Walter Amstutz (1900–1997) 

When Walter Amstutz established the foundation in 1993 he could look back on a long and successful life. He was active professionally both as Director of the Tourist Office of San Moritz and as a publisher (Amstutz & Herdig, de Clivo Press). In the mountaineering world he was co-founder of the Swiss Academic Ski Club, co-organizer of the Anglo-Swiss Race in Mürren, and inventor of the “Kilomètre lancé” (Speed-Skiing). He made the first ascent of the Blüemlisalp North Face, and was the first person to ascend the Eiger on skis. In 1984 he received the Order of the British Empire in recognition of his promotion of Anglo-Swiss relations.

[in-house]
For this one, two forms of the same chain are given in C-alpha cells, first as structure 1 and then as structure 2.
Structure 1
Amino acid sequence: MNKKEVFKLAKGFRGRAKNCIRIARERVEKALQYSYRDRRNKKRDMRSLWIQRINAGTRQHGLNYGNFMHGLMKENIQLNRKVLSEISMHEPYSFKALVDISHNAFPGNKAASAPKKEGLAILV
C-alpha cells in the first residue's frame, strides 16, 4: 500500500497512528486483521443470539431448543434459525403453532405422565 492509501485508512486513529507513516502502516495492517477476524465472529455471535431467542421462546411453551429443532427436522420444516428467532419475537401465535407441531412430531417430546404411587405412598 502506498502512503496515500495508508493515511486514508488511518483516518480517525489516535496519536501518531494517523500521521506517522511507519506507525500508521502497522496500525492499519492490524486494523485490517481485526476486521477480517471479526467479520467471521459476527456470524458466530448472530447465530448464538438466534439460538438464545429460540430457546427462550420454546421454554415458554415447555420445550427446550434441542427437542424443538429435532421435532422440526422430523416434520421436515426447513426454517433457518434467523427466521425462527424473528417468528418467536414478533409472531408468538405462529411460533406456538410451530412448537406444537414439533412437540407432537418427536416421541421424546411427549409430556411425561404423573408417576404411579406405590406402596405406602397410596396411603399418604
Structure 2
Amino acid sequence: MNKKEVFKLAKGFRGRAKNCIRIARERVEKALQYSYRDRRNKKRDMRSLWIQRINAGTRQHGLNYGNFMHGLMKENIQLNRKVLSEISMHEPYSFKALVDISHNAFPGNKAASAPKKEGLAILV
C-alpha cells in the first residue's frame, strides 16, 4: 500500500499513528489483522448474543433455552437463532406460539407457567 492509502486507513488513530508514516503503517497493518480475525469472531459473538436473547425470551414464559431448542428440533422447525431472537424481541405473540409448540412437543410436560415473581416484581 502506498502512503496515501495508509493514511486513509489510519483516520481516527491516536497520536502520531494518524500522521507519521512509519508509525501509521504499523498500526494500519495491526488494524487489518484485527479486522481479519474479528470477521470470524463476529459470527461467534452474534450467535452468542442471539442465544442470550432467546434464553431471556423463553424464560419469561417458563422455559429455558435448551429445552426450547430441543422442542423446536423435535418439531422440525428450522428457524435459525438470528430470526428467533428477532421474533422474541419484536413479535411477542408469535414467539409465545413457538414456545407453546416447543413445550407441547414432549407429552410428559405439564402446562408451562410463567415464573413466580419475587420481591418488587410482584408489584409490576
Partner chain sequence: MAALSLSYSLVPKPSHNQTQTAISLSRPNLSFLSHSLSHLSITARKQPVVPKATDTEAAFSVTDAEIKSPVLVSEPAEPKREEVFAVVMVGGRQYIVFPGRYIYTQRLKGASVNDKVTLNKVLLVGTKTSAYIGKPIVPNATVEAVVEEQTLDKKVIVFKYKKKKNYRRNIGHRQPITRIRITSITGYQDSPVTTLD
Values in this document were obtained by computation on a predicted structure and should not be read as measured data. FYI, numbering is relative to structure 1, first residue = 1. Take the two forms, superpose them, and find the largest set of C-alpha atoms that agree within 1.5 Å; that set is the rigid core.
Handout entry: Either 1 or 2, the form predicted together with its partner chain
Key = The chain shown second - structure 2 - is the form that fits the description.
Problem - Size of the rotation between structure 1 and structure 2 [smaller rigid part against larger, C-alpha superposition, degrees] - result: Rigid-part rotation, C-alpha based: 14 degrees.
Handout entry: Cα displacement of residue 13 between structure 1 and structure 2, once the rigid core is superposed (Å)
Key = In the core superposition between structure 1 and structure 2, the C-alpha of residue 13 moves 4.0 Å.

King Albert I and Walter Amstutz met in 1929 at the banquet of the Anglo-Swiss Race in Mürren. Amstutz later recalled, “Over hors d’oeuvres the king asked me if I would accompany him on a small ski-tour in the Schilthorn region.” Thus began a friendship that would extend beyond mountaineering.

The King of Belgium and the son of the hotelier from Mürren undertook many tours together, especially in the Bergell and in the Engelhörner. “The world mourns for a great aristocrat,” wrote Amstutz after the king’s fatal accident. “Many climbing and skiing tours in Switzerland and the Tyrol connected me with this great and noble personage, at whose bier I mourn with great sorrow. We were privileged to share six years of partnership on a rope with King Albert.”